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5 Mens Lit books every Man should read

Catch 22
The plotline follows the airmen of the 256th Squadron while in action over Italy, and their repeated attempts to avoid combat missions that appear to lead to certain death. Their attempts are almost always comical: when an officer refers to the string on a map representing the front line and states that they won’t be able to fly if it moves beyond the target, the airmen begin watching the string obsessively until Yossarian secretly moves the string and the mission is canceled. The officer is not amused and assigns them a particularly dangerous mission. The ultimate escape is to have oneself declared mentally unfit for duty, but the Army has made this impossible through the eponymous Catch-22. In spite of their best efforts, most of the airmen are killed over the span of the novel. The development of the novel can be split into segments. The first (chapters 1–11) broadly follows the story fragmented between characters, but in a single chronological time in 1944. The second (chapters 12–20) flashes back to focus primarily on the “Great Big Siege of Bologna” before once again jumping to the chronological ‘present’ of 1944 in the third part (chapter 21–25). The fourth (chapters 26–28) flashes back to the origins and growth of Milo’s syndicate, with the fifth part (chapter 28–32) returning again to the narrative present but keeping to the same tone of the previous four. The sixth and final part (chapter 32 on) remains in the story’s present, but takes a much darker turn and spends the remaining chapters focusing on the serious and brutal nature of war and life in general.

Crime and Punishment
Raskolnikov, a conflicted former student, lives in a tiny, rented room in Saint Petersburg. He refuses all help, even from his friend Razumikhin, and devises a plan to murder and rob an elderly pawn-broker and money-lender, Alyona Ivanovna. His motivation comes from the overwhelming sense that he is predetermined to kill the old woman by some power outside of himself. While still considering the plan, Raskolnikov makes the acquaintance of Semyon Zakharovich Marmeladov, a drunkard who recently squandered his family’s little wealth. Raskolnikov also receives a letter from his sister and mother, speaking of their coming visit to Saint Petersburg, and his sister’s sudden marriage plans which they plan to discuss upon their arrival.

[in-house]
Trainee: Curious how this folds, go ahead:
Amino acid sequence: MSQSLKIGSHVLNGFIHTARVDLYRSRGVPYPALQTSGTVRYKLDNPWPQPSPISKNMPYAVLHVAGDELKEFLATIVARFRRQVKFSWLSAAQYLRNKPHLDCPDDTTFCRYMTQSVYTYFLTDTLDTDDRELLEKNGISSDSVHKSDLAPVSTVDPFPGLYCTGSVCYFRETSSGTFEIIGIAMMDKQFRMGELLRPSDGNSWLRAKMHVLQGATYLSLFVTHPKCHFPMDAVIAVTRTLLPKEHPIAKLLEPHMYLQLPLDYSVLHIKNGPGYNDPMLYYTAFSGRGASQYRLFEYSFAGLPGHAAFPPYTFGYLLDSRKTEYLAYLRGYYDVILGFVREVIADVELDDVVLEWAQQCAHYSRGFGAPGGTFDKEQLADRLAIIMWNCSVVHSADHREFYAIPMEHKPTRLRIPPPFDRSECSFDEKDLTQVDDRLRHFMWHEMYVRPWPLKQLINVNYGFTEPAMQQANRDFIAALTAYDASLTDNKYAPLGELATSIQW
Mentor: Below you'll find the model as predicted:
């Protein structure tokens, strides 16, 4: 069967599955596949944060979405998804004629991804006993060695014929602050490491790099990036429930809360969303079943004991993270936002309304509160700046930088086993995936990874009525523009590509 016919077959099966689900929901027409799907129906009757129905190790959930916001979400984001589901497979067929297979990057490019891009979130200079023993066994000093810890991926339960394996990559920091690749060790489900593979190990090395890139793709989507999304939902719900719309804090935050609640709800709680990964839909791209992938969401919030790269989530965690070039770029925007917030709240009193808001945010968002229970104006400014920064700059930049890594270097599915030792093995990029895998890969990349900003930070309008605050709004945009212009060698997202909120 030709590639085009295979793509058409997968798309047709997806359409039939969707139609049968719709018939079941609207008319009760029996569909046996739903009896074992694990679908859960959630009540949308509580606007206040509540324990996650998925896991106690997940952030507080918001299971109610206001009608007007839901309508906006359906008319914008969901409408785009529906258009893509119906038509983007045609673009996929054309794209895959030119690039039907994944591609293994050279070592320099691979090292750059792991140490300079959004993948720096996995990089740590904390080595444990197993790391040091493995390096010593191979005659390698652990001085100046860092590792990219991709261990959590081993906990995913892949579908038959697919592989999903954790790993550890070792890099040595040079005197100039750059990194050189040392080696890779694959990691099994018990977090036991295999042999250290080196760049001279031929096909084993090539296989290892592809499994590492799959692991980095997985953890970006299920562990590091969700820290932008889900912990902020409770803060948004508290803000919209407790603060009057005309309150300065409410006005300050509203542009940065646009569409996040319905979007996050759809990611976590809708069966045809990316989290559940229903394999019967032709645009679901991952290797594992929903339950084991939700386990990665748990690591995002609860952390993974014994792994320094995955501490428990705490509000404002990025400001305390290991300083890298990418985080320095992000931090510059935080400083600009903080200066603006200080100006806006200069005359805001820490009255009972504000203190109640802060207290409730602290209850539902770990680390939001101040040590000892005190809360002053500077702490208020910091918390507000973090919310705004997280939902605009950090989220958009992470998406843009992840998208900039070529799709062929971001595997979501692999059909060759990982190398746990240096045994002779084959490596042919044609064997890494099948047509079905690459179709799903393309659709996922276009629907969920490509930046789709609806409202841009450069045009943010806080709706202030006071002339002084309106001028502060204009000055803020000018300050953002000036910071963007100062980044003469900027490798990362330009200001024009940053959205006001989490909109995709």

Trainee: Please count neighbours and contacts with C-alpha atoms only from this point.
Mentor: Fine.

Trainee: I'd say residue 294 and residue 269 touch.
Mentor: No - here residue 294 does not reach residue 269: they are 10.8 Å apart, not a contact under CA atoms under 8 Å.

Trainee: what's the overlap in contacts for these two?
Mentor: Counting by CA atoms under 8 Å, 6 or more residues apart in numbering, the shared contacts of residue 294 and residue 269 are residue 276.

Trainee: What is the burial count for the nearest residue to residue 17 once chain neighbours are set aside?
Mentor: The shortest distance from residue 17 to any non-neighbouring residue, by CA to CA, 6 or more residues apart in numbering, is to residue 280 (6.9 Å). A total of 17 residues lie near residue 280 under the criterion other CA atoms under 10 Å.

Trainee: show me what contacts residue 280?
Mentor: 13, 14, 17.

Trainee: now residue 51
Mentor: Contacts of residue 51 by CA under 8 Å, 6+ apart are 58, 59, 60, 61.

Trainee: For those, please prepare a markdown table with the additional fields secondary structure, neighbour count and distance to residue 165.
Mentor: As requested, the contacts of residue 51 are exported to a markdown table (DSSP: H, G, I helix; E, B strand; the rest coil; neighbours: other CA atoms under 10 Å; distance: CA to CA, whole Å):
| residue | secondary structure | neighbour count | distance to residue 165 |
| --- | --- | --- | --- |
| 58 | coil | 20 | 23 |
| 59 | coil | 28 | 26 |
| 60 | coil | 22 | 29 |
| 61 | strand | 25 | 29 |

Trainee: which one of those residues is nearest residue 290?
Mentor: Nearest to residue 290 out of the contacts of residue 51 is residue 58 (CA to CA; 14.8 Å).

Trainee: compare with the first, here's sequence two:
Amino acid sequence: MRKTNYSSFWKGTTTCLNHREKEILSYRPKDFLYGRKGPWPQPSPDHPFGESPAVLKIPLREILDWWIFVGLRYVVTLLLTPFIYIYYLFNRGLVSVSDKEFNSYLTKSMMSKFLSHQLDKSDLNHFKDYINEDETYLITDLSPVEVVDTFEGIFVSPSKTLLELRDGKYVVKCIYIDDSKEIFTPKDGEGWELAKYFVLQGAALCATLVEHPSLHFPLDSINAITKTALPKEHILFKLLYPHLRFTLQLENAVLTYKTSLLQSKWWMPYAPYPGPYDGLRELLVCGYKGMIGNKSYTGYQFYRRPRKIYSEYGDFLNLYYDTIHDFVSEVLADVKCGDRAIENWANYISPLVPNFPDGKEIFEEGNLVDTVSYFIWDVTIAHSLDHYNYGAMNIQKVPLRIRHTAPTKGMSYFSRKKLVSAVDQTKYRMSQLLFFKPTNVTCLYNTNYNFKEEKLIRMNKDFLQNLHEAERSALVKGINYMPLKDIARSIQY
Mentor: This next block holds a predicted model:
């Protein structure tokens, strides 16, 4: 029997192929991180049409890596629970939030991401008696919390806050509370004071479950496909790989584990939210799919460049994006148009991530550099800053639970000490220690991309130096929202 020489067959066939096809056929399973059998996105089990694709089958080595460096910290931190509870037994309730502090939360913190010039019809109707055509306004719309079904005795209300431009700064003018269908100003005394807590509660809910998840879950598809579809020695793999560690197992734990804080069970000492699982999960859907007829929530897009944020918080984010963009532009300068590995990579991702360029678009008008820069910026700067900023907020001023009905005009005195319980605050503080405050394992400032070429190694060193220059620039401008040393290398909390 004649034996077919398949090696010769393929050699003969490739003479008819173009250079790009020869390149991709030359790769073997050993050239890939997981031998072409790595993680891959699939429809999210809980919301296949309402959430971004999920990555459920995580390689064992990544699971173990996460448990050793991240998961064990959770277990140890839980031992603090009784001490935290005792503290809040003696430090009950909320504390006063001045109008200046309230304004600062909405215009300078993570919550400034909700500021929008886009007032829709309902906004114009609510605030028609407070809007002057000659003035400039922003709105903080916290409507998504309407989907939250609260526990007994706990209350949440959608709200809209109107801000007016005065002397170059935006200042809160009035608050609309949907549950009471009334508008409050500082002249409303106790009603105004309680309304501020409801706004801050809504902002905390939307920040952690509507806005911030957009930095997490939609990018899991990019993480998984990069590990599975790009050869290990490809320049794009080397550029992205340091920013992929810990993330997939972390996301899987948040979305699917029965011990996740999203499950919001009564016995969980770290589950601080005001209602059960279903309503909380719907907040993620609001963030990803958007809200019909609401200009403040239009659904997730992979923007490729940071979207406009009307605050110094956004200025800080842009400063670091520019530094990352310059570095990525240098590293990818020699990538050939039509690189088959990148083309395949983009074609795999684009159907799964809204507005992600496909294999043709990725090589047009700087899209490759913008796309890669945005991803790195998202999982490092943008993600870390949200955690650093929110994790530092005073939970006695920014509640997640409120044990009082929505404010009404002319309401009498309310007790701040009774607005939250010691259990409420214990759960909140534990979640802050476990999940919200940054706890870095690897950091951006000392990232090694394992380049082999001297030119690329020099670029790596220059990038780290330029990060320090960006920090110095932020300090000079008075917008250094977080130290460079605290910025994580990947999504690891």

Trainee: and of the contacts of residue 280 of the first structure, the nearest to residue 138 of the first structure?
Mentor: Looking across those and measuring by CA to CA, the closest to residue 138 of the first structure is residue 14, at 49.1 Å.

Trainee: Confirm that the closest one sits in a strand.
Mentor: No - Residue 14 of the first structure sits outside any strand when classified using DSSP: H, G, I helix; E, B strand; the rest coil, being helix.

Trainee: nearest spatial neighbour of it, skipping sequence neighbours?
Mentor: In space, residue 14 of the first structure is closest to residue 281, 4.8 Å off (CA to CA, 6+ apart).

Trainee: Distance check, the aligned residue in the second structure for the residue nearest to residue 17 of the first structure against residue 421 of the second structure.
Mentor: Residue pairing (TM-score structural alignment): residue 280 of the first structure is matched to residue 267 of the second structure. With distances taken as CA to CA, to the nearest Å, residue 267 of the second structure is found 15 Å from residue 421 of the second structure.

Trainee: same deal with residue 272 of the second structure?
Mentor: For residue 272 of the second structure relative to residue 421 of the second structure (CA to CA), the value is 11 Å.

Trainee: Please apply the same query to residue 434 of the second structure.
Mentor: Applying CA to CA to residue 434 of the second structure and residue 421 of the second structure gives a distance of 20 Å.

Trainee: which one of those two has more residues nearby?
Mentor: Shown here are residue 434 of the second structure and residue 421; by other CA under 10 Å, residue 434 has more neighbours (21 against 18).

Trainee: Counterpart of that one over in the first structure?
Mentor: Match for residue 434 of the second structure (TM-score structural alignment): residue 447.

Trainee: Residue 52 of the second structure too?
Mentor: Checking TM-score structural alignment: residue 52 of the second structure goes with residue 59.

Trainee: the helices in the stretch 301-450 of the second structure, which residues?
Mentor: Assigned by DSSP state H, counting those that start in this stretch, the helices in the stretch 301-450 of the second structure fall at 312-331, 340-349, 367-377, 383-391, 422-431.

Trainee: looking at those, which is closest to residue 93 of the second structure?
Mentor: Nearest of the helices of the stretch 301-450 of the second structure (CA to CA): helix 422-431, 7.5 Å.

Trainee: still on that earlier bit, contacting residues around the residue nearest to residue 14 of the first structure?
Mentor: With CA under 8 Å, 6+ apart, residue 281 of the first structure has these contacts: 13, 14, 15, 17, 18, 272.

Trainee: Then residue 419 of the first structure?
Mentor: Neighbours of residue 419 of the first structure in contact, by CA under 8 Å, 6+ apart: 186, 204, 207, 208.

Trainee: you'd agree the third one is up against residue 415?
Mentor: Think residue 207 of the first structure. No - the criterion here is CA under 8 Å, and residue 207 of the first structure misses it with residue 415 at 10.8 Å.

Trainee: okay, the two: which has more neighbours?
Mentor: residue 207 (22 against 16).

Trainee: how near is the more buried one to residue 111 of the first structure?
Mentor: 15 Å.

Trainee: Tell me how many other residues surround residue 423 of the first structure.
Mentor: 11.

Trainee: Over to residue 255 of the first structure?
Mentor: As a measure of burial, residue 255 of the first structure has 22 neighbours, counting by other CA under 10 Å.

Don Quixote
In the course of their travels, the protagonists meet innkeepers, prostitutes, goatherders, soldiers, priests, escaped convicts and scorned lovers. The aforementioned characters sometimes tell tales that incorporate events from the real world, like the conquest of the Kingdom of Maynila or battles in the Eighty Years’ War. Their encounters are magnified by Don Quixote’s imagination into chivalrous quests. Don Quixote’s tendency to intervene violently in matters irrelevant to himself, and his habit of not paying debts, result in privations, injuries and humiliations (with Sancho often the victim). Finally, Don Quixote is persuaded to return to his home village. The narrator hints that there was a third quest, but says that records of it have been lost.

Wall Street
In 1985, Bud Fox is working as a junior stockbroker in New York City at Jackson Steinem & Co. He wants to work with his hero, Gordon Gekko, a legendary Wall Street player. After calling Gekko’s office 59 days in a row trying to land an appointment, Bud visits Gekko on his birthday with a box of Gekko’s favorite, contraband Cuban cigars. Impressed at his sheer boldness, Gekko grants Bud an interview. Bud pitches him stocks, but Gekko is unimpressed. Desperate, Bud provides him some inside information about Bluestar Airlines, which Bud learned in a casual conversation from his father, Carl, the union leader for the company’s maintenance workers. Intrigued, Gekko tells Bud he will think about it, but also that he “[looks] at a hundred deals a day,” but “[chooses] one.” A dejected Bud returns to his office. However, Gekko places an order for Bluestar stock and becomes one of Bud’s clients. Gekko gives Bud some capital to manage, but the other stocks Bud selects lose money.